Bobby Jindal Is Running For President For Some Reason
Louisiana Governor Bobby Jindal enters the Presidential race today, but it's hard to see how he even manages to become a plausible candidate.
Later today, Louisiana Governor Bobby Jindal will become the thirteenth Republican to enter the race for his party’s Presidential nomination:
Louisiana Gov. Bobby Jindal is set to announce Wednesday that he is running for the Republican nomination for president, in a long shot bid that will rely on wooing the socially conservative voters who dominate early primary states.
Mr. Jindal, a 44-year-old former Rhodes Scholar who is barred by term limits from seeking a third term in Baton Rouge, is the first of four sitting Republican governors poised to enter the already crowded race.
Mr. Jindal’s path to the nomination looks steep. The latest Wall Street Journal/NBC News poll found just one likely Republican primary voter out of 236 polled—not 1%—who said Mr. Jindal is his or her choice for president. A Suffolk University poll of New Hampshire Republicans released Tuesday found two of 500 people who like the Louisiana governor best. He hasn’t been above 1% in an Iowa poll since February, when he received 2% support.
Mr. Jindal doesn’t talk like an underdog. He talks about a viable path to the GOP nomination, performing well among Iowa’s evangelical Christians and impressing New Hampshire town-hall audiences.
“When the front-runners are still clumped together around 10%, what that tells me there is a path wide open for folks,” Mr. Jindal said in an interview last week in Washington. “I get the sense that voters are saying this isn’t about just one good impression.”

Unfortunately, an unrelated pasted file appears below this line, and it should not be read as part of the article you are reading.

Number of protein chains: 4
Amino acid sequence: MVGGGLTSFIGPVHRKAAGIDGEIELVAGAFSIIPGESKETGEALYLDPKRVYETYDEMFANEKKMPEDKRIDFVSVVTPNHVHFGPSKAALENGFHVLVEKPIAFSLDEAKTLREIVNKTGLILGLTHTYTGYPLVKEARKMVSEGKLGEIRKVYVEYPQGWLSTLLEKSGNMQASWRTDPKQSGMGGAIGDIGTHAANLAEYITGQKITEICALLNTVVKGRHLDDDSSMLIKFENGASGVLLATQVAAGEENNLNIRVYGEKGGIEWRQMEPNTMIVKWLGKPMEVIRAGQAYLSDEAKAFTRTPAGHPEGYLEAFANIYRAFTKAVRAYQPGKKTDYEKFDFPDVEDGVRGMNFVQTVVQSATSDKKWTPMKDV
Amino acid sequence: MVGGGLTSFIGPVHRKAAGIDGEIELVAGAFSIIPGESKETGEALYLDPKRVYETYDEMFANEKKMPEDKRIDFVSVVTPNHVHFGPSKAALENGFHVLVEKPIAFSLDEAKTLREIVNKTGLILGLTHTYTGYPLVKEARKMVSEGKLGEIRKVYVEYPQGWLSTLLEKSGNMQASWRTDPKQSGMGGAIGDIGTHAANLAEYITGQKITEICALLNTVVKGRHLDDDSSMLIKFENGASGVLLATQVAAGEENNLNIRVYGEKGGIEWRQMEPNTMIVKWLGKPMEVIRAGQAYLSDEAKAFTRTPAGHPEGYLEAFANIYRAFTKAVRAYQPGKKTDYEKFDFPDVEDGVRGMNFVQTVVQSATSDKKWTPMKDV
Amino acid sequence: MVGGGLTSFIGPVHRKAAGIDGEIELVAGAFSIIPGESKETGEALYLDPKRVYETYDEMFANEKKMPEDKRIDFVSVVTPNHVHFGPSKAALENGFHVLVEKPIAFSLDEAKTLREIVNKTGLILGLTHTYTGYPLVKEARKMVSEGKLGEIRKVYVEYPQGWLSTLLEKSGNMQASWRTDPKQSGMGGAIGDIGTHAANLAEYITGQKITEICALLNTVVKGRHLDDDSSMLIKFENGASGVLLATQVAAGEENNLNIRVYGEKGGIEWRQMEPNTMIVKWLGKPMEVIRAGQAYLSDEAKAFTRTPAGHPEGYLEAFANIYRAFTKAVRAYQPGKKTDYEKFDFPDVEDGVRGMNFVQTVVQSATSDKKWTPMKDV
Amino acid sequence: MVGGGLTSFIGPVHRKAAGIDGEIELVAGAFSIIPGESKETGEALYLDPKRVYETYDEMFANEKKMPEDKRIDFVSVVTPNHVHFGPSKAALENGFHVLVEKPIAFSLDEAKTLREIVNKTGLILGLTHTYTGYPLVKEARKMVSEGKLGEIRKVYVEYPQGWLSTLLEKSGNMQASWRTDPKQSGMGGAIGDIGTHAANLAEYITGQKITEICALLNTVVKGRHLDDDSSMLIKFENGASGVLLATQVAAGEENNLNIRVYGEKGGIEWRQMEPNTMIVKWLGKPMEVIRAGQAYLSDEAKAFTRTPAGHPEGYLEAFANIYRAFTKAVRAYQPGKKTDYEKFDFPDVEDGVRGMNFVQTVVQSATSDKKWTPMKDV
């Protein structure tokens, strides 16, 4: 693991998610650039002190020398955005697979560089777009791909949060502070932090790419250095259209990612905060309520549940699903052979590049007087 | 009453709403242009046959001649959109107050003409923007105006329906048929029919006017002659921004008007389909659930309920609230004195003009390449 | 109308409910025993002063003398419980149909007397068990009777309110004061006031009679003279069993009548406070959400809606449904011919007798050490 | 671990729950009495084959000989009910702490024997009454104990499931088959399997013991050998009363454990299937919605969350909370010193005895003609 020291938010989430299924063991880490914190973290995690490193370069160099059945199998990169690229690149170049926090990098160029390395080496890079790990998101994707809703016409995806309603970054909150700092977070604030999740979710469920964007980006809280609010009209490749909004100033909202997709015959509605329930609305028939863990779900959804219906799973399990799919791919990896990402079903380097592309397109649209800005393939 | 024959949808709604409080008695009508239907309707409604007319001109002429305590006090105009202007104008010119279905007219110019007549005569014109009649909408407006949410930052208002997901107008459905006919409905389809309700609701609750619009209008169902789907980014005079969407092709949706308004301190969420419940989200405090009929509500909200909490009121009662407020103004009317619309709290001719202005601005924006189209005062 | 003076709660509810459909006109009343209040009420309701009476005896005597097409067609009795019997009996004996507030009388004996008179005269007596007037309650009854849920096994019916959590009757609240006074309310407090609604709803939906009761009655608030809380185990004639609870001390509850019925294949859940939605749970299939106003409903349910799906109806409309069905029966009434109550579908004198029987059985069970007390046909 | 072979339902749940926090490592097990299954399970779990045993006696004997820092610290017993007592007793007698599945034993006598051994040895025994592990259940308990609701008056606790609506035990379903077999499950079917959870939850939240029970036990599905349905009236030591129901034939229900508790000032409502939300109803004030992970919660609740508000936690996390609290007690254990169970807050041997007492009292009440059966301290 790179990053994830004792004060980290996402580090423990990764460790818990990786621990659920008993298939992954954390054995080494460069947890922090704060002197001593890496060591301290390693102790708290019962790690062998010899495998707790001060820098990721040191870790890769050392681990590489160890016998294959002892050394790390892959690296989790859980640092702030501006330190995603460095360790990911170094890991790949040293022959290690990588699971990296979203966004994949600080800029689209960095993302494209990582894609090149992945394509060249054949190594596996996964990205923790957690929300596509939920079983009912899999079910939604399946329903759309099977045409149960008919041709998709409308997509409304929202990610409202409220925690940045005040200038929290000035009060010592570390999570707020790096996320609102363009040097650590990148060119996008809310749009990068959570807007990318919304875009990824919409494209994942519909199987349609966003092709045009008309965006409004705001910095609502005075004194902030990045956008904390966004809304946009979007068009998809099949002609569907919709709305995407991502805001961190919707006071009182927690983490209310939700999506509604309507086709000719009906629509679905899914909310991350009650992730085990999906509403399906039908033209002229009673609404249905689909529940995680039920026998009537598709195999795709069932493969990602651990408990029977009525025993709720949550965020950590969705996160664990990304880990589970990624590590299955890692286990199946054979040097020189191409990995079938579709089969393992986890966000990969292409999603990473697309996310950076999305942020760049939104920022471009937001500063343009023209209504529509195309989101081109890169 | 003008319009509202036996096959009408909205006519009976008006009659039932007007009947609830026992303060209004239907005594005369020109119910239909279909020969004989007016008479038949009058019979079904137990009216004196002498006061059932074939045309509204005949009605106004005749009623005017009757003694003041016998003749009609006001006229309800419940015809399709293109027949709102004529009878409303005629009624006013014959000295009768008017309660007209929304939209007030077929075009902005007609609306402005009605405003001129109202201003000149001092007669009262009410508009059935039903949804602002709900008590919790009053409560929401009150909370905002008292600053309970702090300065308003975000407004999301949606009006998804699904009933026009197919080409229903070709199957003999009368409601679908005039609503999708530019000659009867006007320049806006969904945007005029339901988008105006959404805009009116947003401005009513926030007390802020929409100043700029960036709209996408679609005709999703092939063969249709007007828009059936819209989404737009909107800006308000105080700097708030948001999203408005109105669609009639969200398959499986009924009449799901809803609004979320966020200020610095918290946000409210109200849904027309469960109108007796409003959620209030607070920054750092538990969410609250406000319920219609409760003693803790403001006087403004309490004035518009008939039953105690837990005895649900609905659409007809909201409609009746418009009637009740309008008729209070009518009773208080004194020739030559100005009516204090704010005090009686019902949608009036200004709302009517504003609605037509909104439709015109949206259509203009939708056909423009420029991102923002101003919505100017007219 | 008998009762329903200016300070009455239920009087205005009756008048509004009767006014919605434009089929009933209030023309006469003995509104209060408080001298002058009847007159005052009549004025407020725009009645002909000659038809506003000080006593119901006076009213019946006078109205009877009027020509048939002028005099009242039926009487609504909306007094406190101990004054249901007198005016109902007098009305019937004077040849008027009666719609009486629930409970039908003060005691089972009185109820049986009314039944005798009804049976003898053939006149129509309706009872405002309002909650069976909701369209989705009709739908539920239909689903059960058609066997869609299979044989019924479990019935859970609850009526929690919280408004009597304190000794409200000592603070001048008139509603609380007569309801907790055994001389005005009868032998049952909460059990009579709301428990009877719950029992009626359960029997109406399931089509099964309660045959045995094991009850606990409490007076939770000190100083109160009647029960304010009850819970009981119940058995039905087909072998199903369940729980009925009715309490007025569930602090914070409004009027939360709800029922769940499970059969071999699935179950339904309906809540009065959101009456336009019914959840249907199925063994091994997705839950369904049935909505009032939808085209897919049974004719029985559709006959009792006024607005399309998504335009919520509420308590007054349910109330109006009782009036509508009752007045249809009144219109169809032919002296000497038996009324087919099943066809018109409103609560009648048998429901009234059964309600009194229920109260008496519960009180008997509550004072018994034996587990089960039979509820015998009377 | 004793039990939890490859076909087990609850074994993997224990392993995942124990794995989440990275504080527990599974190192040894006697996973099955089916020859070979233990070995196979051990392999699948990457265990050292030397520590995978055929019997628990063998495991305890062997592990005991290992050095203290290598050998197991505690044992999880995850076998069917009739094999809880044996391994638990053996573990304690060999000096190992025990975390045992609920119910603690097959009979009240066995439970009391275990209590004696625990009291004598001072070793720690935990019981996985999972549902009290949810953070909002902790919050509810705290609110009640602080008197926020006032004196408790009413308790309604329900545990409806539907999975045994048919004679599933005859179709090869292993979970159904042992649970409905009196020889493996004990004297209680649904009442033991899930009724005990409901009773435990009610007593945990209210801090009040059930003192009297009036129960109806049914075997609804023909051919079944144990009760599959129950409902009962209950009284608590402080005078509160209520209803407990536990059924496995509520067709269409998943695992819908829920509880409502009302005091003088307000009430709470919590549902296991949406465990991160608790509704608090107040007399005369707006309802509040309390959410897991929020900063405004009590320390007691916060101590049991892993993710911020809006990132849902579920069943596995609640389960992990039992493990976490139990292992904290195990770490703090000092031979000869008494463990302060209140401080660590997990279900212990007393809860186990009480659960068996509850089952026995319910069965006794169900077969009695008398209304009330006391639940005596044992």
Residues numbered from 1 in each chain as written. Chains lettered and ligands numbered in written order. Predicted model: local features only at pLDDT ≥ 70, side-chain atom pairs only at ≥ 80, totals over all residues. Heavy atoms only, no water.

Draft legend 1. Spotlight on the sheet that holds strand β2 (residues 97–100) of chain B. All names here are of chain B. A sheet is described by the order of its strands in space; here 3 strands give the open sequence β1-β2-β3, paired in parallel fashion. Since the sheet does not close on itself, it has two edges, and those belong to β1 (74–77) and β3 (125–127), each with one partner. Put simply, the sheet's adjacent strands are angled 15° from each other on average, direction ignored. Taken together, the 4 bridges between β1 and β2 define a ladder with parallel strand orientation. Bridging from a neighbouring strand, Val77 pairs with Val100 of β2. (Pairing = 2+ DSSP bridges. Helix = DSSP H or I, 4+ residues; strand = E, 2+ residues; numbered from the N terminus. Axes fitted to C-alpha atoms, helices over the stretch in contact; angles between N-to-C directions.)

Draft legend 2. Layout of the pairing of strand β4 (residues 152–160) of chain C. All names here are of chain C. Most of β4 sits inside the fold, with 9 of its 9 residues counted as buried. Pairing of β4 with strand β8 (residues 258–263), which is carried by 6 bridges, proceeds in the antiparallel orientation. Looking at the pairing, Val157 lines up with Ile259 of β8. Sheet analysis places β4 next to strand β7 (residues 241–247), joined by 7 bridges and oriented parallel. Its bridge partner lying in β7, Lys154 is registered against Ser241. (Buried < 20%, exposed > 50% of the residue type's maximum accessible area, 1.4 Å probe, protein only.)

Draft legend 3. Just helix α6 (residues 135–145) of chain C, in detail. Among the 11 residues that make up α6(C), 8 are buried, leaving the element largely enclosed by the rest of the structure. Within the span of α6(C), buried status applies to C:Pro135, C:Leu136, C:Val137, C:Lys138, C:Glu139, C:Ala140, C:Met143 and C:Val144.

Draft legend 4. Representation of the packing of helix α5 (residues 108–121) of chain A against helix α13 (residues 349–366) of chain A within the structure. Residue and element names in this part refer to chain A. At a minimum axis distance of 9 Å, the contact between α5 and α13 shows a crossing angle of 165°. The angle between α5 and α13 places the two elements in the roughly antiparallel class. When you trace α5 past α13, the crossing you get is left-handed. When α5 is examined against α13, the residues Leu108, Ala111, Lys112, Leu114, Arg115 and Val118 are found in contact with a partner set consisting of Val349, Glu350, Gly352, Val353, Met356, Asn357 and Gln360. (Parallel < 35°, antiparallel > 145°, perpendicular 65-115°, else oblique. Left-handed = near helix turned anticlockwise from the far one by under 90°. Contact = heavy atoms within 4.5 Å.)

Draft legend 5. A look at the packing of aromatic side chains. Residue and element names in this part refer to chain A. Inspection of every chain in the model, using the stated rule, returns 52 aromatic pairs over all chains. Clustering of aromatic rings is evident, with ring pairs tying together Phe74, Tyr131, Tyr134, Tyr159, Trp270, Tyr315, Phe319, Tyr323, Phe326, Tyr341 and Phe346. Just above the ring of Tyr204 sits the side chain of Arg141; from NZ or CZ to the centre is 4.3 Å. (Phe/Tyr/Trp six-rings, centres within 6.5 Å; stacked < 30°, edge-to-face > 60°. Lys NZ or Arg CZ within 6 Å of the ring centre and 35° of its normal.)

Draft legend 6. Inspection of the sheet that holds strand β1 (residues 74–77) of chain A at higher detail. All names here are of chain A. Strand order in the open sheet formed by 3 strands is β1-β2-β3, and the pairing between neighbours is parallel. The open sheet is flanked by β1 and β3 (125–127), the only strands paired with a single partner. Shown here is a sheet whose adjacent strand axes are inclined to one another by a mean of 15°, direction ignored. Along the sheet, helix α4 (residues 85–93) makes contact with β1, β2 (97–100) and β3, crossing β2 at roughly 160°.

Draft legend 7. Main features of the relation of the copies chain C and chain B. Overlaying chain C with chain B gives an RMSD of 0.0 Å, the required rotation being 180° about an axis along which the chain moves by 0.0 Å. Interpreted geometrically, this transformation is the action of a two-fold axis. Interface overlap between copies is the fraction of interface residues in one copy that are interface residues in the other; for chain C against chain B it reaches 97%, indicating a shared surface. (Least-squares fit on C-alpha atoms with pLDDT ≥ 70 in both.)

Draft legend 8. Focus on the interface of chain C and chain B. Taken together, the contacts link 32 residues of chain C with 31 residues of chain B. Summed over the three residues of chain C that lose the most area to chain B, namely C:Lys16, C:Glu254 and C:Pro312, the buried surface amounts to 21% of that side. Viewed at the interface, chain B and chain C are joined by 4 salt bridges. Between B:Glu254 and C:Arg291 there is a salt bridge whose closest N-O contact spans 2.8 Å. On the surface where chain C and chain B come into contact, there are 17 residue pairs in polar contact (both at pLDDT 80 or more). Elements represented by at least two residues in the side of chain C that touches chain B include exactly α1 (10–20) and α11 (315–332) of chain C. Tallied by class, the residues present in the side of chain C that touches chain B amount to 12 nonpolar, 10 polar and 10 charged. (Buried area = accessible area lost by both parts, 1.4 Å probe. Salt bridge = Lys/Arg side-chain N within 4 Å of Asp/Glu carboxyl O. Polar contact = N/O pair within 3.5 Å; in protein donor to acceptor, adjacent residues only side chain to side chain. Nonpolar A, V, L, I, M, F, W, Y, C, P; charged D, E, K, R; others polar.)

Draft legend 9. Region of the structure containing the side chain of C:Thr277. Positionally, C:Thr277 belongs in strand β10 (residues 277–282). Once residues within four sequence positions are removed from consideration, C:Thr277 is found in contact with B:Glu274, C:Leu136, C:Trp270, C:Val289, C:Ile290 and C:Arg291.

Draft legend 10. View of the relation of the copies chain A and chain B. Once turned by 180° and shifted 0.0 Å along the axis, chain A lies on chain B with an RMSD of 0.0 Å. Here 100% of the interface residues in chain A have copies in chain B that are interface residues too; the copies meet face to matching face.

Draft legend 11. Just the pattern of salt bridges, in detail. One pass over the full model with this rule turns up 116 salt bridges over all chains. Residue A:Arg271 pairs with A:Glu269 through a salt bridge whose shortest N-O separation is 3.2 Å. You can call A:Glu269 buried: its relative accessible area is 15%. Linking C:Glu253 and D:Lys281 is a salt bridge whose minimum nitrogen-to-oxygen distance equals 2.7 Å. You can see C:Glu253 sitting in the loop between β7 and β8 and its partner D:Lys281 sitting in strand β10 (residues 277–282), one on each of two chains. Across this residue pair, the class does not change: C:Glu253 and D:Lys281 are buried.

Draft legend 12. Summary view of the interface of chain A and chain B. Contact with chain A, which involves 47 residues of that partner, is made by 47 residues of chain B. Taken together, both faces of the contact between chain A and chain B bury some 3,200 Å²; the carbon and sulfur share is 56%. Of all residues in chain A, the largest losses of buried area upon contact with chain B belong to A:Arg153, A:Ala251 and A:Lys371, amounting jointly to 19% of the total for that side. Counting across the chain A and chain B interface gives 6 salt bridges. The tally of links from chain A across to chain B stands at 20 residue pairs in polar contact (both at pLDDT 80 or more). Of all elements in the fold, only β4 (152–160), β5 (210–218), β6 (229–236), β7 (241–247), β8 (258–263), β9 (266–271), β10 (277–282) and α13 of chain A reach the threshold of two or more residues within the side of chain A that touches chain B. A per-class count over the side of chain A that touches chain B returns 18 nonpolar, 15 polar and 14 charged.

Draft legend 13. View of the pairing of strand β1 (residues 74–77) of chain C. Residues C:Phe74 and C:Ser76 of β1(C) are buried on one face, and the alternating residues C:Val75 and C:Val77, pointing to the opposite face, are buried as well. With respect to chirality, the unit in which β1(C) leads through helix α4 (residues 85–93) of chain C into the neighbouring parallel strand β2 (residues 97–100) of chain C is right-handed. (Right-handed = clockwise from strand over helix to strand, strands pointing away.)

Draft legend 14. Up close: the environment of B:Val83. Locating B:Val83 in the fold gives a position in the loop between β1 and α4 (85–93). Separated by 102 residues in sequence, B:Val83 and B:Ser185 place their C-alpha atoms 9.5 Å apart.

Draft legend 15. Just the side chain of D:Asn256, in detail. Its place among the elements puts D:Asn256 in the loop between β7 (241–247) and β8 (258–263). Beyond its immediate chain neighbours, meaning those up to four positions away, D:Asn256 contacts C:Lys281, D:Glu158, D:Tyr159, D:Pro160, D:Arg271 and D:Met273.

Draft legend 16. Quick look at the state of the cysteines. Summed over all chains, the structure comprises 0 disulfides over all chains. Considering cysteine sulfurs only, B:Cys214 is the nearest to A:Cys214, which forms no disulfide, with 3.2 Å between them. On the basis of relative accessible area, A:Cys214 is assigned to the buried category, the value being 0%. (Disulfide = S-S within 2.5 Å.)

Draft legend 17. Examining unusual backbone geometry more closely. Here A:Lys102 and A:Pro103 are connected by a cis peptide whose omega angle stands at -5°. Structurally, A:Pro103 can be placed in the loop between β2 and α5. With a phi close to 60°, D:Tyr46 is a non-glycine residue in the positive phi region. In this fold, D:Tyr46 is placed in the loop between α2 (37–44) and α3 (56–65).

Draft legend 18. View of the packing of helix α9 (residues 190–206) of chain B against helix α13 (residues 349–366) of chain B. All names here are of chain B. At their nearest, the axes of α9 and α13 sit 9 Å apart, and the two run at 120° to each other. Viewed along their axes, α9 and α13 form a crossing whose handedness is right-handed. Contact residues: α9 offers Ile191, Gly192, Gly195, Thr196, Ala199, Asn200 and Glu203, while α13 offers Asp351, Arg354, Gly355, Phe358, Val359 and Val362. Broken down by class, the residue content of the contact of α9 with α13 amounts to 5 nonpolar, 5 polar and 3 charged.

Mr. Jindal has also struggled with voters in his home state. His approval rating in Louisiana is hovering around 30%. His unpopularity, Mr. Jindal said, stems from the difficult choices he has made as governor. His record, he says, includes clipping 30,000 employees from the state payroll, reducing the state’s budget by 26% and stemming an outflow of Louisiana’s residents to other states.
Mr. Jindal is the first in a series of Republican governors who are expected to officially enter the race. Also in the on-deck circle are New Jersey Gov. Chris Christie and Wisconsin Gov.Scott Walker, and possibly Ohio Gov. John Kasich.
Any plausible path to the nomination for Mr. Jindal begins in Iowa, where the state’s last two caucus winners—former Arkansas Gov.Mike Huckabee in 2008 and former Pennsylvania Sen. Rick Santorum in 2012—catapulted themselves into the national conversation by winning over the state’s social conservative voters.
This year’s historically crowded primary means Mr. Jindal, who is opposed to gay marriage and abortion and sought to implement “religious freedom” legislation like the controversial measure Indiana passed, and then watered down, earlier this year, has to compete not just with Iowa’s last two winners. Texas Sen. Ted Cruz, former Texas Gov. Rick Perry and retired neurosurgeon Ben Carson,are all targeting the same slice of voters.
It’s hard to see what Jindal thinks his path to plausibility is in this race, never mind talk of a path to victory. He is at the bottom of the polls nationally and in Iowa and New Hampshire, and he is not even a factor in the polling in South Carolina and Florida. He is competing for the same evangelical and social conservative vote that is already being courted by far stronger and better known candidates such as Mike Huckabee, Ted Cruz, and Rick Santorum, and it’s hard to see how Jindal differentiates himself from them. He has tried to do that to some degree over the past few months by endorsing a Religious Freedom Restoration Act bill in the Louisiana legislature and, when that bill died in committee, attempting to implement some of its provisions through Executive Orders. He has also been very outspoken on the same-sex marriage issue. However, the other candidates in the race have also staked out territory on these issues, so it’s hard to see how Jindal would be able to use these as wedge issues going forward. Additionally, his record as Governor has not been all that successful, and the biggest issue before the legislature during its recently concluded term was a massive budget deficit that seems to just have been papered over. Given all of that, it’s no surprise that Jindal finds himself at the bottom of the pack right now with candidates like Carly Fiorina, and behind even far less experienced candidates such as Ben Carson and Donald Trump.